Aim: To give students a deeper understanding of the area they live in, and how it relates to key events in history.
Background: The History department draws staff from all around the UK, not all come from the local area. Consequently knowledge of the area is very limited. The development of high quality resources and schemes of work to incorporate local knowledge would help maintain links with the local area and enable new teachers to engage successfully with local history.
Year 1: The department reviewed schemes of work to identify areas where local history could be introduced. It was decided to focus on Year 9, particularly in regards to World War I. Links were made with a local museum to gather information about local individuals who were present at Ypres. Students completed a case study on a WW1 soldier who had worked in the area, and a trip to Ypres was organised.
Year 2: There was a continued use of WWI resources and the use of local history was extended into other year groups. The local history topic areas were expanded, including the history of Barking Abbey (to understand the Reformation) and the sinking of the Titanic (brought into focus by a local survivor, Eva Hart). Many students already knew her name because a local pub is named after her.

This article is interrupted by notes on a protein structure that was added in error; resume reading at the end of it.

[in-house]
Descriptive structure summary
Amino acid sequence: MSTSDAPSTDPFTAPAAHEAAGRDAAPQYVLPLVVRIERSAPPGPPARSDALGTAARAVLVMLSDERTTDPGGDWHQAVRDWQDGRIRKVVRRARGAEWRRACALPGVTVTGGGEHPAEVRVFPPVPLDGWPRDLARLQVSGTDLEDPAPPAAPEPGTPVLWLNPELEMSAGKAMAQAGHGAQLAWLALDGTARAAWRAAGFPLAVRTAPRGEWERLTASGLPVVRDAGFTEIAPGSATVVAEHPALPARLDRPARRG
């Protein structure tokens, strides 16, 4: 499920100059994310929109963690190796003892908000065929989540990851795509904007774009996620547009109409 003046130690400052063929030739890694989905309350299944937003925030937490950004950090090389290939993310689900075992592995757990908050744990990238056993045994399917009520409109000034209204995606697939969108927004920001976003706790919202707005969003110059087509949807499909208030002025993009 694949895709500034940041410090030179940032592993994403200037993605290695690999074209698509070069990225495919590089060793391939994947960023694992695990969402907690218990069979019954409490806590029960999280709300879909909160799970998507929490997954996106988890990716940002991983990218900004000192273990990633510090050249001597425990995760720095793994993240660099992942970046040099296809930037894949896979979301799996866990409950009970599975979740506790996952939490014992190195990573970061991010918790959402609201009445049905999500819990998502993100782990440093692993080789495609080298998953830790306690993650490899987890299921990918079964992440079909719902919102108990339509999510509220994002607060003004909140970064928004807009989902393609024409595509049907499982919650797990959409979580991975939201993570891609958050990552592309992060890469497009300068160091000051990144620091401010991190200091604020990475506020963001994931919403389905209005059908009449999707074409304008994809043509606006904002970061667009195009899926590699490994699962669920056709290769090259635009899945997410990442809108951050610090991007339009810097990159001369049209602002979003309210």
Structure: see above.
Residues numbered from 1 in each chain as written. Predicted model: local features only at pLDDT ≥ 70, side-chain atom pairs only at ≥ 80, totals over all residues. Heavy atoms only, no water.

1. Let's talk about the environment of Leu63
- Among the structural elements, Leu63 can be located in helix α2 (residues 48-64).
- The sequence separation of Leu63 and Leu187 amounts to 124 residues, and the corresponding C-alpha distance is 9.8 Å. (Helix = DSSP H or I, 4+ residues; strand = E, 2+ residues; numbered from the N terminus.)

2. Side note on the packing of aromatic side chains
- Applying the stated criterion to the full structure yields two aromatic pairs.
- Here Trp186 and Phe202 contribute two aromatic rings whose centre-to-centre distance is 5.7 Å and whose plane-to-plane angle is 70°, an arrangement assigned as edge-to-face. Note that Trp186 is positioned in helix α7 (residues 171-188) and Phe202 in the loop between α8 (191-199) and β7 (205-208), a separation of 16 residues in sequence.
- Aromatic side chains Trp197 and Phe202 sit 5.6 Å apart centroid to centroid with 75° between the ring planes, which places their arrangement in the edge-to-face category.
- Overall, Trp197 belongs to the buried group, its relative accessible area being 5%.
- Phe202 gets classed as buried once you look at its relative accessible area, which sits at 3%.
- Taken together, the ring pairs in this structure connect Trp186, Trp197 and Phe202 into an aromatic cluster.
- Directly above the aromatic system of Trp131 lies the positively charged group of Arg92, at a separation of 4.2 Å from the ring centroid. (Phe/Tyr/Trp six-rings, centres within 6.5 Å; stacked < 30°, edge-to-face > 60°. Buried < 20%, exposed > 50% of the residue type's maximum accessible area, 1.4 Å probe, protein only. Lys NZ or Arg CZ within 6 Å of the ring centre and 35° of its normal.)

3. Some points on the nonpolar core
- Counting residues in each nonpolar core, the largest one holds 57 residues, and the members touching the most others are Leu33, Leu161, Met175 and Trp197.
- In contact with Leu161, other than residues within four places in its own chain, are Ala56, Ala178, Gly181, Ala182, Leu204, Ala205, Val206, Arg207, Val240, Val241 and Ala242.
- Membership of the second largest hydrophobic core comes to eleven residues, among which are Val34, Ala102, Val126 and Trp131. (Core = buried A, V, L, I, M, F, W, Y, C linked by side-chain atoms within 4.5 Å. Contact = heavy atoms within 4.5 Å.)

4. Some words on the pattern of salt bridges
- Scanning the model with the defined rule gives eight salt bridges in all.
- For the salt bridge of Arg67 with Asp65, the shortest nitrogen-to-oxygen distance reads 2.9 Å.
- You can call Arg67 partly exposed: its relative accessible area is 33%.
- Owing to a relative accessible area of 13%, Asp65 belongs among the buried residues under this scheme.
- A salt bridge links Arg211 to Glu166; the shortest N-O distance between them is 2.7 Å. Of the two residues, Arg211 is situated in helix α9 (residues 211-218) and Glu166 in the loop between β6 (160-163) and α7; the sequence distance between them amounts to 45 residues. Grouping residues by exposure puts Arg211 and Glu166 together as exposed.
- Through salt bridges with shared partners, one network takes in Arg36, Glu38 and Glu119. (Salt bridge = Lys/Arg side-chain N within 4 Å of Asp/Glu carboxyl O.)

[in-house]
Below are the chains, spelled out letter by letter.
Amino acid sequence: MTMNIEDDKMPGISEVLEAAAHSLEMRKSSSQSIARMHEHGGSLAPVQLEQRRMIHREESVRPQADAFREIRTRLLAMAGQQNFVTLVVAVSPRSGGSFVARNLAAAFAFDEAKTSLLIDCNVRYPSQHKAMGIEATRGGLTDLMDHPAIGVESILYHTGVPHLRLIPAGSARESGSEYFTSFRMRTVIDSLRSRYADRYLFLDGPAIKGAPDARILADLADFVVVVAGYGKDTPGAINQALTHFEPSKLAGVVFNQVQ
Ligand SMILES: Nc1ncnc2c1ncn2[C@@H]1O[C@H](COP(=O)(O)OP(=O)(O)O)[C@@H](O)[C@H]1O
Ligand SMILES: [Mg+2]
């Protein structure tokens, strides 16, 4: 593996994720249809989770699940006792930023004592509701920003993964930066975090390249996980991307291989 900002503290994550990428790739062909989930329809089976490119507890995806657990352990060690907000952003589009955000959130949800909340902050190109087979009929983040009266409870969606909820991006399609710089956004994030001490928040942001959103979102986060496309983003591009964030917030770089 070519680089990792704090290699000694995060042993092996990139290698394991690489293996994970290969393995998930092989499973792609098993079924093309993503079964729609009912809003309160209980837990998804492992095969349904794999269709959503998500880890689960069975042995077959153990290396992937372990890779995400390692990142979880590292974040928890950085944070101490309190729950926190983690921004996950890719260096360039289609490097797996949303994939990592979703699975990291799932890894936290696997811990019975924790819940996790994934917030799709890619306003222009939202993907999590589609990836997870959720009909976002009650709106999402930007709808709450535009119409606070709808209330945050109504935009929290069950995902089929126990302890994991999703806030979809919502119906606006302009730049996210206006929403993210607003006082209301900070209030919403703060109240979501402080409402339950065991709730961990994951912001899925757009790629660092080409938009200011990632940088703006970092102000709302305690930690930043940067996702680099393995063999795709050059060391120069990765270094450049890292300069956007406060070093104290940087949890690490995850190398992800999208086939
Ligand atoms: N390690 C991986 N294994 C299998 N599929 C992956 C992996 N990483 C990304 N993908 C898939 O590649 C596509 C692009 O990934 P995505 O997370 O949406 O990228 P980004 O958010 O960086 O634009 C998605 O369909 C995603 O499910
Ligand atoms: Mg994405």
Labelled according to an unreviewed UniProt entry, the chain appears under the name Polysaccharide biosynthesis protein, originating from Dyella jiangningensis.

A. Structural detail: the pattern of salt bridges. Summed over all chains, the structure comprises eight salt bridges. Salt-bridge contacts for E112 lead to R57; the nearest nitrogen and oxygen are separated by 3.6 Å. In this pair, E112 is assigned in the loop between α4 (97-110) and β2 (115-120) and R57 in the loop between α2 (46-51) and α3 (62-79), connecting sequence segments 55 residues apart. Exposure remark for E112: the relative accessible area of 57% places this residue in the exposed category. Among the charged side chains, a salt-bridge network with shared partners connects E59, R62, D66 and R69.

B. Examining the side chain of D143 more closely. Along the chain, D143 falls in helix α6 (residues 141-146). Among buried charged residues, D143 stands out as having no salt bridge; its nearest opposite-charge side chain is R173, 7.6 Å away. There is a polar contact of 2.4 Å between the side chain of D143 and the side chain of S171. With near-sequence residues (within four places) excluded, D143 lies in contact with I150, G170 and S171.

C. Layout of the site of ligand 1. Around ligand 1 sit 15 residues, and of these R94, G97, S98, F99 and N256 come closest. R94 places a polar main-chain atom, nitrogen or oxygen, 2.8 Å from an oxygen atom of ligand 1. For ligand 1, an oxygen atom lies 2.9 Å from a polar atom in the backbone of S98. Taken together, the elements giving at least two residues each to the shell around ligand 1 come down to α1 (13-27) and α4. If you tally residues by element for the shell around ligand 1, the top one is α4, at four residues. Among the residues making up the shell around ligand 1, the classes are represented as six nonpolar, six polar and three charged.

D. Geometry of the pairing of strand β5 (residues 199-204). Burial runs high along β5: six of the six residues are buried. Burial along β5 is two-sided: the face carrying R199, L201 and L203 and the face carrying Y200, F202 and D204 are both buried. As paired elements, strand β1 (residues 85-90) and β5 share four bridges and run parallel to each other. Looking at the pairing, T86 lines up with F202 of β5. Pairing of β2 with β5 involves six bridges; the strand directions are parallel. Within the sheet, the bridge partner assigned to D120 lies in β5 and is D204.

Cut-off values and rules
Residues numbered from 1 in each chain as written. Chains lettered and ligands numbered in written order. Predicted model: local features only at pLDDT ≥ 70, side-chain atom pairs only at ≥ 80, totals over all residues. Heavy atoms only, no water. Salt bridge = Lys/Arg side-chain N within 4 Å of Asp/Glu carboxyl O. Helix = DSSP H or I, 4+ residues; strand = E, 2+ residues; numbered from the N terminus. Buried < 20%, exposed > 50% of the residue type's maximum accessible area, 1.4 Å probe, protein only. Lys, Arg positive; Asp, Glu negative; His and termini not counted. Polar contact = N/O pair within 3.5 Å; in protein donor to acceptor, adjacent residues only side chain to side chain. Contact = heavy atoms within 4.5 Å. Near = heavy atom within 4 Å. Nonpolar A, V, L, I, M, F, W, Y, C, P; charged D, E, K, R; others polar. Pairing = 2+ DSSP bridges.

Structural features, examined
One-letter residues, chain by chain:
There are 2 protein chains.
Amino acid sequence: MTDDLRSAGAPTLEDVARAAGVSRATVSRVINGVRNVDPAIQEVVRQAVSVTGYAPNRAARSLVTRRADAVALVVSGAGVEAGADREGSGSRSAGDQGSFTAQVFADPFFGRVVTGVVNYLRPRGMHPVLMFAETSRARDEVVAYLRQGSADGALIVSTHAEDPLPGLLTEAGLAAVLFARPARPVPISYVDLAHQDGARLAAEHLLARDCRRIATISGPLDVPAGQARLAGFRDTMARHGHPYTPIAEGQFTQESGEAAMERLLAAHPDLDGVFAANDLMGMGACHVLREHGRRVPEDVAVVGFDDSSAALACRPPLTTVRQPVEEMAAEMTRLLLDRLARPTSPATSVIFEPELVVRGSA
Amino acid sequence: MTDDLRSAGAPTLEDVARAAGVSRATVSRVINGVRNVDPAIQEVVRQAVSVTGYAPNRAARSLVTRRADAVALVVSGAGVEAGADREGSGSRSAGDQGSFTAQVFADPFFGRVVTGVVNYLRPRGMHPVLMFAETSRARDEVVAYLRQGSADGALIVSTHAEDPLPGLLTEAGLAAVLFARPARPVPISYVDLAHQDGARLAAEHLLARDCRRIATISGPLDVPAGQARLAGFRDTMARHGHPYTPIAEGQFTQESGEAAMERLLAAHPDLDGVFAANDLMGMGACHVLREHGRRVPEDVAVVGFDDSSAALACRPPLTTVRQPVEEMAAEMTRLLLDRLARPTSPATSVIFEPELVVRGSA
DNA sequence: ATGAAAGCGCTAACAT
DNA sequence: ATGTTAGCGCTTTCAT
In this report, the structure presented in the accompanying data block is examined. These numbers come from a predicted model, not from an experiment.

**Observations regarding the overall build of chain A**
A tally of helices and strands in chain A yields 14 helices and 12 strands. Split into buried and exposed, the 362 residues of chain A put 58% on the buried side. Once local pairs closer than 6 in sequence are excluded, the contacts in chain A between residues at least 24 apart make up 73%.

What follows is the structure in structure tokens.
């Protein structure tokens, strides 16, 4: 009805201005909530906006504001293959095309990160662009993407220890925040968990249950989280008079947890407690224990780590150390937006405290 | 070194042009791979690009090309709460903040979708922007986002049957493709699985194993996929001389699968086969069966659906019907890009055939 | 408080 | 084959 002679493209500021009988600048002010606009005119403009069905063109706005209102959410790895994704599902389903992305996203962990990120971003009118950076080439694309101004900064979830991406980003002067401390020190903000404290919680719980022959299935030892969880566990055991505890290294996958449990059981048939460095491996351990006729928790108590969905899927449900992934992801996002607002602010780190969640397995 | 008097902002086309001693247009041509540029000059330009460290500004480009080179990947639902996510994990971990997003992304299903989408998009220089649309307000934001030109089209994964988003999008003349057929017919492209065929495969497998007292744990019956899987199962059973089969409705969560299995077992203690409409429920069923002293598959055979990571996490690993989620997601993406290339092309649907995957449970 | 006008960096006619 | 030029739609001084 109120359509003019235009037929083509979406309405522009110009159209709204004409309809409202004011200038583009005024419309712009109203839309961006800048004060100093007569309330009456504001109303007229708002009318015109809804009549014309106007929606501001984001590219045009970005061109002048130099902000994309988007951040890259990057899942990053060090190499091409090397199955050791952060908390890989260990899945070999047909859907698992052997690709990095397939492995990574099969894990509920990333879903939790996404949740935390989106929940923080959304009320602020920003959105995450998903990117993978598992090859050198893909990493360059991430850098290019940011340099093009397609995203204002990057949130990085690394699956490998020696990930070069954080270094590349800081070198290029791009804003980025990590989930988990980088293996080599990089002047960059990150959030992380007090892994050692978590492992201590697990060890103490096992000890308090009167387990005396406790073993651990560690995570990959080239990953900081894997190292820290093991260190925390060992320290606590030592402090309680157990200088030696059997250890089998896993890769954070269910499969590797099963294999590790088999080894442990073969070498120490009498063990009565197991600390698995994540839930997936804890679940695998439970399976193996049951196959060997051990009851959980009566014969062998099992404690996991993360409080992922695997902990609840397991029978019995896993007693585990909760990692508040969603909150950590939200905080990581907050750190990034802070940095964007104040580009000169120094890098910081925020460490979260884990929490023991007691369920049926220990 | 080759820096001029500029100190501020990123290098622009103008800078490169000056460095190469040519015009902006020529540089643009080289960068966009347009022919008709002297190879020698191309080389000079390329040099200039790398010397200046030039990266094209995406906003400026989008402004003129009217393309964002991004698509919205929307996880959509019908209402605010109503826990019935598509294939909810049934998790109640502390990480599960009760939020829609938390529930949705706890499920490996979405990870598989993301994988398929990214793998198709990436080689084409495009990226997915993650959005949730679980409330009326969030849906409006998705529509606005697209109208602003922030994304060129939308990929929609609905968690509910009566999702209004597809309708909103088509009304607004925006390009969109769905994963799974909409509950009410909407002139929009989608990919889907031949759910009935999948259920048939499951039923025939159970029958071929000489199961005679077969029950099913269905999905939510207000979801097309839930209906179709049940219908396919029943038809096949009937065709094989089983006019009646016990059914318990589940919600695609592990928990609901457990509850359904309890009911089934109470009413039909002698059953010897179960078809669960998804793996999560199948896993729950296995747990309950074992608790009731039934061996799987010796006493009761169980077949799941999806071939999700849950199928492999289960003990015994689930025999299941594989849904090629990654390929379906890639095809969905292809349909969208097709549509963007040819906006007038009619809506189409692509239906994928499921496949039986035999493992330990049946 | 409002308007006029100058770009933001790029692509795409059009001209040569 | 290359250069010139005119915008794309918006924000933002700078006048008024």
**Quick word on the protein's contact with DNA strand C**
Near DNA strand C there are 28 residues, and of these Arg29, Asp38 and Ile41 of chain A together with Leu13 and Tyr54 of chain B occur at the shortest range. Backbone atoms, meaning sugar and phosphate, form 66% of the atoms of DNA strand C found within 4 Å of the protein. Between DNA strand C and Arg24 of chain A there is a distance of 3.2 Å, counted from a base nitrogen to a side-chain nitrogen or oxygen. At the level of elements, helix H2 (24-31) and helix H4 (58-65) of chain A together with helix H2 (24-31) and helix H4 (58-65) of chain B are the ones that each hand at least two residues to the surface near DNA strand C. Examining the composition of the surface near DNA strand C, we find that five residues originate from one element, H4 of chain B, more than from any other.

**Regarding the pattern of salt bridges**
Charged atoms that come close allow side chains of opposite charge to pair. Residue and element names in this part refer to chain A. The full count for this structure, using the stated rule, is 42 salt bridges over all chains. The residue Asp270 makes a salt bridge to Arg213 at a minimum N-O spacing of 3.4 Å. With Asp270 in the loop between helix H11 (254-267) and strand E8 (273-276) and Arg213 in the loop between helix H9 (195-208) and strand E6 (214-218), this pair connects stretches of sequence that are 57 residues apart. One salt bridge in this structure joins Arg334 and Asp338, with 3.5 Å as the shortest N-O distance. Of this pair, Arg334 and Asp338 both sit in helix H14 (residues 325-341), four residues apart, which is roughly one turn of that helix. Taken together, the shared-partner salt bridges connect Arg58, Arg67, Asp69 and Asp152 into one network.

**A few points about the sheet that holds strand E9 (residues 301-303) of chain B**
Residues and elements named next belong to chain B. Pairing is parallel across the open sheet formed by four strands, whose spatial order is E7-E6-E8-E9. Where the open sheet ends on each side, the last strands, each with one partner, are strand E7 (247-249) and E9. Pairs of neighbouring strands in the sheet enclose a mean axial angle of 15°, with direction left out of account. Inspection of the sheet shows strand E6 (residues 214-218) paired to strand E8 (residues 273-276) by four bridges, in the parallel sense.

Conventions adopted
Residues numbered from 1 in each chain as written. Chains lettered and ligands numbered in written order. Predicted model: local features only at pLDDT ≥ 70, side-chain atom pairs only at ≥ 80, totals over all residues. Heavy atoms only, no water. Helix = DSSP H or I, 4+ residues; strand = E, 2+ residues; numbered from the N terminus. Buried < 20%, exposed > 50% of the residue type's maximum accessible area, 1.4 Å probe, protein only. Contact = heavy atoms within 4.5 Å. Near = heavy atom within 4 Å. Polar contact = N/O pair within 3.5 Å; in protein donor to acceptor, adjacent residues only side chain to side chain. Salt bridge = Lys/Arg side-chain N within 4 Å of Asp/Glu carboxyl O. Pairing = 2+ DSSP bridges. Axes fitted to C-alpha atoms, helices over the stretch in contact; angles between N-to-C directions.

Year 3: The aims of this year were to refine and develop the local history units which had already been implemented, and to extend the local history units into earlier time periods, beyond the 20th century. It was also proposed to arrange a trip to the Museum of London Docklands to understand the broad issues of slavery and empire in a local context, and also to examine why the area has such great ethnic diversity.
Evidence: Schemes of work.
Impact: The focus on local history has enriched students’ understanding; their focus on the Ypres trip, for example, shifted from the trenches and battlefields to the individuals involved. Teachers have really focused on introducing local history elements, and the importance of this is consistently emphasised at departmental meetings. There is excitement among the department about a new scheme of work that will focus on the vibrant history of immigration in the borough, to help tackle the issues of problems with local far-right groups.
Reflections: We see teaching historical skills to Key Stage 3 students as a huge priority, and there continues to be focused innovation in our teaching at this level. The ethos of the department will always be focused on delivering the best outcomes for our students. The focus on local history sits well with our constant determination to ensure that history is loved by all students and relevant to all.
Contact: John Davies, email@example.com,uk